By Matthew Gentile


When an emotionally self destructive rock star begins to lose his hearing, his personal and professional lives unravel.

“There’s not a false note in the film—this is terrific.” ~Lars Johnson (judge)

Director’s Statement

Have you ever loved a song so much and wanted everyone else in the world to love it as much as you? Have you ever felt that you had something you wanted to share with the World — whether it is love, knowledge, or insight – but no way to channel it because the outside forces are too scary, alienating, and unwelcoming?

What excites me about FRONTMAN is the opportunity to bring the charismatic and complex character of Jody Peck to life. Here is a man who loves playing music more than anything in the World. The way he single-mindedly pursues his passion is admirable to witness, but destructive to experience. The façade this front man puts out there for his fans disguises an anger that is complicated and dangerous. Celebrity is a fascinating aspect of our culture. There’s a tendency among people to build superstars up to be heroes and break them back down. One minute someone can be a hero and in a flash they’re obscure.

In FRONTMAN, we explore and witness the construction and destruction of an American icon, who has one simple goal: to play music for an audience and please his fans. We’ll see the obstacles he’ll face, both internal and external, to do that. We all – to a degree – have a little Jody Peck within us. My hope in making this film is that we, the filmmakers, and the audience as well, can understand the extremely challenging but ultimately rewarding journey that comes with pursuing your passion.

I devour all genres of film, yet the movies that always tend to rank among my favorite are the ones I grew up watching with my father: 70’s movies like DOG DAY AFTERNOON, THE CONVERSATION, THE GODFATHER, NETWORK. These are films where the man at the center of it all is usually the same beast in the end that he was in the beginning. Perhaps he may not change, but the World around him does. It’s up to him to figure out how to keep up. It’s up to us to decide whether or not he’s going about it the right way.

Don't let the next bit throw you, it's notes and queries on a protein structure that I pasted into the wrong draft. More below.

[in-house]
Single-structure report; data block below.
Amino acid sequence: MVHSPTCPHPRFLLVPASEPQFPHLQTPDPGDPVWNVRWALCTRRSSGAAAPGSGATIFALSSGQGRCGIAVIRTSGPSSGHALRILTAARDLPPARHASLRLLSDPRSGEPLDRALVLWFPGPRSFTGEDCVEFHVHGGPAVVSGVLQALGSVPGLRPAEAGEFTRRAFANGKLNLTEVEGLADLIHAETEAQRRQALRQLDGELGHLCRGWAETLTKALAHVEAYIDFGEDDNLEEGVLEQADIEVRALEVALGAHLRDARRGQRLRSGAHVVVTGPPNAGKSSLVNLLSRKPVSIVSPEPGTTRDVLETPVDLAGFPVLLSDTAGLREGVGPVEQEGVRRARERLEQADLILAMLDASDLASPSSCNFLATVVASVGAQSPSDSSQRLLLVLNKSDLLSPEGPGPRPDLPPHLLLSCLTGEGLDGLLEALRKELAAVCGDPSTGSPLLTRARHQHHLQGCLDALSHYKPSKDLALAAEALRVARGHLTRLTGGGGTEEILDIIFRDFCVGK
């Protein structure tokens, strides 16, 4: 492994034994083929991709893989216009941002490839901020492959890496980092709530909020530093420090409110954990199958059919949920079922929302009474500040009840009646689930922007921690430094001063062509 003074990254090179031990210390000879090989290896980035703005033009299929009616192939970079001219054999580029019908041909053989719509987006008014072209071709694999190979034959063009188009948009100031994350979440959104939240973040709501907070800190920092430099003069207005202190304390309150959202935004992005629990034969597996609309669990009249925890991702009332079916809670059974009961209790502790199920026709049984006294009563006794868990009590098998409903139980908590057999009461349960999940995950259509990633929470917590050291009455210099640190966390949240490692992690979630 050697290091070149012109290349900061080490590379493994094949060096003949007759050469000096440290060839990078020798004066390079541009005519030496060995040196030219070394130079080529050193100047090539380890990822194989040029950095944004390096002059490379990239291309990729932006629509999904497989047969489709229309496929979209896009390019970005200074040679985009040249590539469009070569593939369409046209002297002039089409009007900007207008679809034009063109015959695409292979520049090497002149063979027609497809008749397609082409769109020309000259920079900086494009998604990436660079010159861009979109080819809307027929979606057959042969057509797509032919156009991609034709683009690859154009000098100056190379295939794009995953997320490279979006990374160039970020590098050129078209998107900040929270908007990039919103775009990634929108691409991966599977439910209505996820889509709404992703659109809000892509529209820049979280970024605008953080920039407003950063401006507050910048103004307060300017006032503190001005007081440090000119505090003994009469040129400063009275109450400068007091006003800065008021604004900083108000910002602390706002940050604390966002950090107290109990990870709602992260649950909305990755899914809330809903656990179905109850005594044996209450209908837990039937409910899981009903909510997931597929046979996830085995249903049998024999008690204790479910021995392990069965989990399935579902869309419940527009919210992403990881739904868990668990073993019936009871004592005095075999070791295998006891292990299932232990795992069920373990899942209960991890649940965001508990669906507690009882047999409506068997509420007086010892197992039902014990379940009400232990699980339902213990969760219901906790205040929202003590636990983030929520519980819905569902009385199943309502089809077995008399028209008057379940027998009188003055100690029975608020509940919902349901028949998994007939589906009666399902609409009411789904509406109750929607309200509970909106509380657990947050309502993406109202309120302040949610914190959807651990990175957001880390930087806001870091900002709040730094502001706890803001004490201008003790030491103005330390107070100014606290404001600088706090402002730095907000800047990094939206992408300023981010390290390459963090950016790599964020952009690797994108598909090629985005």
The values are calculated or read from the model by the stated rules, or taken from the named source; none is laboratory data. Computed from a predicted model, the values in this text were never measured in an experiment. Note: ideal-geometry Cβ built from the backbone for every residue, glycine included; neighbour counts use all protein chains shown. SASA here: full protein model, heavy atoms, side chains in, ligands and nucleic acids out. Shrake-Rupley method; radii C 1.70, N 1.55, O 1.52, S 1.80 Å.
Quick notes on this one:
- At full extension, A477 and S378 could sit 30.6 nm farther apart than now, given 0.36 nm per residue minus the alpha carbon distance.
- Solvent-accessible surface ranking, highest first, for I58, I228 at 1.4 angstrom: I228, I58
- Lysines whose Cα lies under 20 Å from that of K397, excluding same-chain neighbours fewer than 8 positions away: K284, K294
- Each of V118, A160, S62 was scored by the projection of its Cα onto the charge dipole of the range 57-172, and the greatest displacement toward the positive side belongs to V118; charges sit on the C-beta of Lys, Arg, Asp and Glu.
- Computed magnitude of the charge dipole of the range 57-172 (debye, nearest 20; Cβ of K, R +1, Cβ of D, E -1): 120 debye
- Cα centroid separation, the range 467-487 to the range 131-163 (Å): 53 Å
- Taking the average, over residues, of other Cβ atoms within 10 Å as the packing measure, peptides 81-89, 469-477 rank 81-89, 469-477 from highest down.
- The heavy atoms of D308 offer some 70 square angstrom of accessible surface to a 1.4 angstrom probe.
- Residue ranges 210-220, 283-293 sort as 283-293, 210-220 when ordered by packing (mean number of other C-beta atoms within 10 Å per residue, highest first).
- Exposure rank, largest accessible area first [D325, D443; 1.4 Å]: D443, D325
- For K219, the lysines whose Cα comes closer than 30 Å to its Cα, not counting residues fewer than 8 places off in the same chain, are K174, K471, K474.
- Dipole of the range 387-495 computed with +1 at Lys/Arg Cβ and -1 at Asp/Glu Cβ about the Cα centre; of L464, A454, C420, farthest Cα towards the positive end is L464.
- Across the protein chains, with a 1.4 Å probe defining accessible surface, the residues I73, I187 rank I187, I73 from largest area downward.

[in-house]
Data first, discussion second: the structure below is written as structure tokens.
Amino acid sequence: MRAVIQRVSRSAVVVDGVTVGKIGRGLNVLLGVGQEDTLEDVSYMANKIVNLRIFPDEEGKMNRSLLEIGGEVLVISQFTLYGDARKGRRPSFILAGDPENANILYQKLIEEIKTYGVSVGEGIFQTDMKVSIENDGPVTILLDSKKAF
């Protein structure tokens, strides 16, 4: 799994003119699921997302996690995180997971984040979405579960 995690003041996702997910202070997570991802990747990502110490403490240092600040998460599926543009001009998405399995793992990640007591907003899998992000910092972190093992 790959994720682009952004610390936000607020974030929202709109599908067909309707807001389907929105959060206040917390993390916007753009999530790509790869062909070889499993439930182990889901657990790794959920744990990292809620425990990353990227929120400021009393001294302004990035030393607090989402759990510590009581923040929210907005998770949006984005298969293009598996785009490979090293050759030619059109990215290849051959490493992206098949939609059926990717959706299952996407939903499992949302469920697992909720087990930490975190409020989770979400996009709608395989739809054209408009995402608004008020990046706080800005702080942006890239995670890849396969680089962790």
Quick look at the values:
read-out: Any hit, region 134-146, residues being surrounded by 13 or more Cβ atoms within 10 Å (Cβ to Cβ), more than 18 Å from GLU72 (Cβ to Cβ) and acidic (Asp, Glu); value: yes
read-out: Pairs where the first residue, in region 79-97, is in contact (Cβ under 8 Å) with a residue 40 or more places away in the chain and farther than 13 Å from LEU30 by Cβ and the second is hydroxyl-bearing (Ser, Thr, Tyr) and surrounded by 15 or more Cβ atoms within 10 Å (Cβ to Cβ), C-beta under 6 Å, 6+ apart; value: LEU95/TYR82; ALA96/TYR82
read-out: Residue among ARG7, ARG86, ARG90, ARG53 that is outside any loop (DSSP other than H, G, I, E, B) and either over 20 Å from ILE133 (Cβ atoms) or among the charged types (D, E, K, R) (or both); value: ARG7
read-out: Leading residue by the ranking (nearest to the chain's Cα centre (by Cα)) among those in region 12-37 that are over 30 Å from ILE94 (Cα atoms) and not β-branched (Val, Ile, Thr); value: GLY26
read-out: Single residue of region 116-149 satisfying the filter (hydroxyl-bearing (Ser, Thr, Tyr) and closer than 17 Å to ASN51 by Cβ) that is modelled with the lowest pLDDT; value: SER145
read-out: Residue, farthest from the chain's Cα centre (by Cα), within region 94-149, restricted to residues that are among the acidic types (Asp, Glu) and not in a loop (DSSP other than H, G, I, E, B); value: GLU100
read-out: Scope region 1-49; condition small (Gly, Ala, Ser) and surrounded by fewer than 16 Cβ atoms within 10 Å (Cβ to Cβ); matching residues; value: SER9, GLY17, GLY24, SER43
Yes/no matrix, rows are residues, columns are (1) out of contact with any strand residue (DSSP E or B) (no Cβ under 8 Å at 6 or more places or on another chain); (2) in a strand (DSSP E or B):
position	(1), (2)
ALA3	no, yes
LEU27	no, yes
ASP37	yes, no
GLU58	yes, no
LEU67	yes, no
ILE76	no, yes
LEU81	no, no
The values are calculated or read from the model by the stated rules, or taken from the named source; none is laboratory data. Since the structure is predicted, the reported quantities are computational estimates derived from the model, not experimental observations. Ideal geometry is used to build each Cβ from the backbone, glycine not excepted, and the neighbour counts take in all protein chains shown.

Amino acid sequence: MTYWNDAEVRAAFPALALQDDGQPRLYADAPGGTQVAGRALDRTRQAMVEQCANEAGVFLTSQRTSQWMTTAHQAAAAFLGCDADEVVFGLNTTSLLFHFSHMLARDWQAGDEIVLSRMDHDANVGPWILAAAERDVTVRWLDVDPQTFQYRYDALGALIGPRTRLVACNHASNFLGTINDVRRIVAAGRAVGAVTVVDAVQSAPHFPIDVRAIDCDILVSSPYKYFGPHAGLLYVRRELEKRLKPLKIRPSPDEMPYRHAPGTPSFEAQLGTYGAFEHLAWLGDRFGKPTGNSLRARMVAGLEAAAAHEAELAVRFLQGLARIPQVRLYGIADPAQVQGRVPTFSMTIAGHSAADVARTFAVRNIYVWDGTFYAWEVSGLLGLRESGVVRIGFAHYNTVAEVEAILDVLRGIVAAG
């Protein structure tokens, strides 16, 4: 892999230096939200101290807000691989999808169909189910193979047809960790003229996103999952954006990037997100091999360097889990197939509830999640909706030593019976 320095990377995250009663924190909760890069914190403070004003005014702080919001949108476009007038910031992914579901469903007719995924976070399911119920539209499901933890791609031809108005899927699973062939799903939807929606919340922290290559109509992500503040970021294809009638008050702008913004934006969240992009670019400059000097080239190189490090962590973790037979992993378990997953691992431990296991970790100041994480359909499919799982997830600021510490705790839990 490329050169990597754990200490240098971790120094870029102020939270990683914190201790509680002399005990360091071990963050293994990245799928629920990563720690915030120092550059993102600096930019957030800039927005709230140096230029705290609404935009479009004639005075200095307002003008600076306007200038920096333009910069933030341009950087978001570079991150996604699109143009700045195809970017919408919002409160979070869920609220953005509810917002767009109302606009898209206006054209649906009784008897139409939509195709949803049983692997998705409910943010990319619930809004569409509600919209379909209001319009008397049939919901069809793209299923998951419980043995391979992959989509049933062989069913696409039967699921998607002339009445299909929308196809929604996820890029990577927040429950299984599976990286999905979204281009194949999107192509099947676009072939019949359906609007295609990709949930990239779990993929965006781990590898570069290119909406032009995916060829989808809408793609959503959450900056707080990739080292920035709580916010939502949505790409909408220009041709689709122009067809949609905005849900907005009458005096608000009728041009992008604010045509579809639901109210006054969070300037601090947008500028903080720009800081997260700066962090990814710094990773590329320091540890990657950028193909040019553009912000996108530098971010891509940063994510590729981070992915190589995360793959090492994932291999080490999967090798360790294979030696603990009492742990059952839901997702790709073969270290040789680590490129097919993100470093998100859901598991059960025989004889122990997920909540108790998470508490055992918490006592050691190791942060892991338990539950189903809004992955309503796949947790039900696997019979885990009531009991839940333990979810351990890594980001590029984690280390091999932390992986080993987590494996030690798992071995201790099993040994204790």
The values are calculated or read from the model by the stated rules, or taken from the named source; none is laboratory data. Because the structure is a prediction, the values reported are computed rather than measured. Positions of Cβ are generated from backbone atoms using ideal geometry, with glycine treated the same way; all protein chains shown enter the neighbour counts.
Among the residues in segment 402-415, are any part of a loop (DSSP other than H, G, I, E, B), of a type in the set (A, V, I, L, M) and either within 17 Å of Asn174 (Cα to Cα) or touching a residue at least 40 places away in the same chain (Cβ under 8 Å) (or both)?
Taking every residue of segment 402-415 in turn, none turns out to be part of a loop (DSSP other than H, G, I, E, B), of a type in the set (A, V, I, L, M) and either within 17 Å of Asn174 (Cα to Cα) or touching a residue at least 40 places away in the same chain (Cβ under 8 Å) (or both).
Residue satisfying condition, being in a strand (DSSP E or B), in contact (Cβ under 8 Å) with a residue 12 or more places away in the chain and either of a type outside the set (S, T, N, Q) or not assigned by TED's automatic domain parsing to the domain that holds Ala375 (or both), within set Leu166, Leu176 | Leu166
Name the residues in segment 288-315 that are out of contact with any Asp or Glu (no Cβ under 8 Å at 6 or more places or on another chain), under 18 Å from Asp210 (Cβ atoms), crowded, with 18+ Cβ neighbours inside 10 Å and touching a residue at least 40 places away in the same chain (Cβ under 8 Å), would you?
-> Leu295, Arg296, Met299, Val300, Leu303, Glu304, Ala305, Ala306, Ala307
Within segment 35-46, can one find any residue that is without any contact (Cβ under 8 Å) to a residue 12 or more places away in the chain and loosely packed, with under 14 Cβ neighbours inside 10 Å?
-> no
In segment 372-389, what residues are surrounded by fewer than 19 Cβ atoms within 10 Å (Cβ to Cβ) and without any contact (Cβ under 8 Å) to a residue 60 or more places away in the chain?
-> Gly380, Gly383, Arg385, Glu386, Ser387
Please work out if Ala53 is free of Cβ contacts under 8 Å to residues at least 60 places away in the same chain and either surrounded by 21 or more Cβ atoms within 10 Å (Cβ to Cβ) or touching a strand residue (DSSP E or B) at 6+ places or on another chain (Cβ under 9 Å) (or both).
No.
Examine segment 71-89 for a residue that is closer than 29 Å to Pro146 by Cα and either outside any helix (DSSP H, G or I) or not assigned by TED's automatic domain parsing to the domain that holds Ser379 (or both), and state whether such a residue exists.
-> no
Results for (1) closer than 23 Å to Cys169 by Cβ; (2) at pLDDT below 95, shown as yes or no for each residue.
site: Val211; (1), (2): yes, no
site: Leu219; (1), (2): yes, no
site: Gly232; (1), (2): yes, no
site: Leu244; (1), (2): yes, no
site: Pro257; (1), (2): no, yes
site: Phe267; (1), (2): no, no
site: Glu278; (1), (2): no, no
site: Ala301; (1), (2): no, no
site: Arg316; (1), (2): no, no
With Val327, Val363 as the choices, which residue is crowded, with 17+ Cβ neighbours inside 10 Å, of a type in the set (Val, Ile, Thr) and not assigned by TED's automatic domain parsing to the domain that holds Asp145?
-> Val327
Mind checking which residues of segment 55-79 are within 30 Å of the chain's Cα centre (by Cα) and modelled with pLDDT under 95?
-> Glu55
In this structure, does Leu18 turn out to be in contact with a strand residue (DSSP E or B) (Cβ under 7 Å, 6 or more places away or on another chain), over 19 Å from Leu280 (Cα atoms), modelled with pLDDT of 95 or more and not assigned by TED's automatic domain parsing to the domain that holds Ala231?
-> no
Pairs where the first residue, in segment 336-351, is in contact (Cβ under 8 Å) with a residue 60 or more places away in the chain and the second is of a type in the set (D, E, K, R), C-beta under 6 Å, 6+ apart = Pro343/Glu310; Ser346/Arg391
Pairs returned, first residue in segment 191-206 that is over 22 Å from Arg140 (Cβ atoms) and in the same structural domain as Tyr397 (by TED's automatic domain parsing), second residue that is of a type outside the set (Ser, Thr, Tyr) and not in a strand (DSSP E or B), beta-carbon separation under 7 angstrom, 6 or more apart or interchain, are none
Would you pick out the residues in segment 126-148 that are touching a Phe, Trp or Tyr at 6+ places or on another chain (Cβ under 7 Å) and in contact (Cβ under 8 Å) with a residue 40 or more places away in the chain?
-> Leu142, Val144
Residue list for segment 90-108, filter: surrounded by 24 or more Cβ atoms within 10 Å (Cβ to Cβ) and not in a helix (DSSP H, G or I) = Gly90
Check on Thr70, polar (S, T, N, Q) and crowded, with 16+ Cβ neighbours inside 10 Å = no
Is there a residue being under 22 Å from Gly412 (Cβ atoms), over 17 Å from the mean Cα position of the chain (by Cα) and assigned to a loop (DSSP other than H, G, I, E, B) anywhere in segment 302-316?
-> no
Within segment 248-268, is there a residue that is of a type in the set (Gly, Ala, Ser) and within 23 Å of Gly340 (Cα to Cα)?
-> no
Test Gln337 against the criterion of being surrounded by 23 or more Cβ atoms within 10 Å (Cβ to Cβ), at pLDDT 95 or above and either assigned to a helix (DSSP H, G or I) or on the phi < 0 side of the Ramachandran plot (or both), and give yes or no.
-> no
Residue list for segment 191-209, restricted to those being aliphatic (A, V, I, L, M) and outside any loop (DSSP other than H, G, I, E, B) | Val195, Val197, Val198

Movies like these do not get made as much these days, for whatever reasons. I’m extremely fortunate to be a student at AFI, where for the last year I’ve been given the chance to make three Cycle films, where I’ve been allowed to find my voice as a director and hone my style while working with some of the most talented and hard-working people around. What the thesis film offers me, and my team-mates, is the creative freedom to make something unique, idiosyncratic, and ideally, unforgettable.

To make a film set in the world of rock and roll and production is a daunting prospect. We will need your support to help us make this movie. This project for all of us represents the summation of our academic/professional endeavors. I will not rest until it’s the best work I’ve ever done. I hope you’ll join us on this exciting, adventurous path.

– Matthew Gentile

“Strong production value and acting. The lead is a genuinely sympathetic character losing what he needs to create his art.” ~William Bukowski (judge)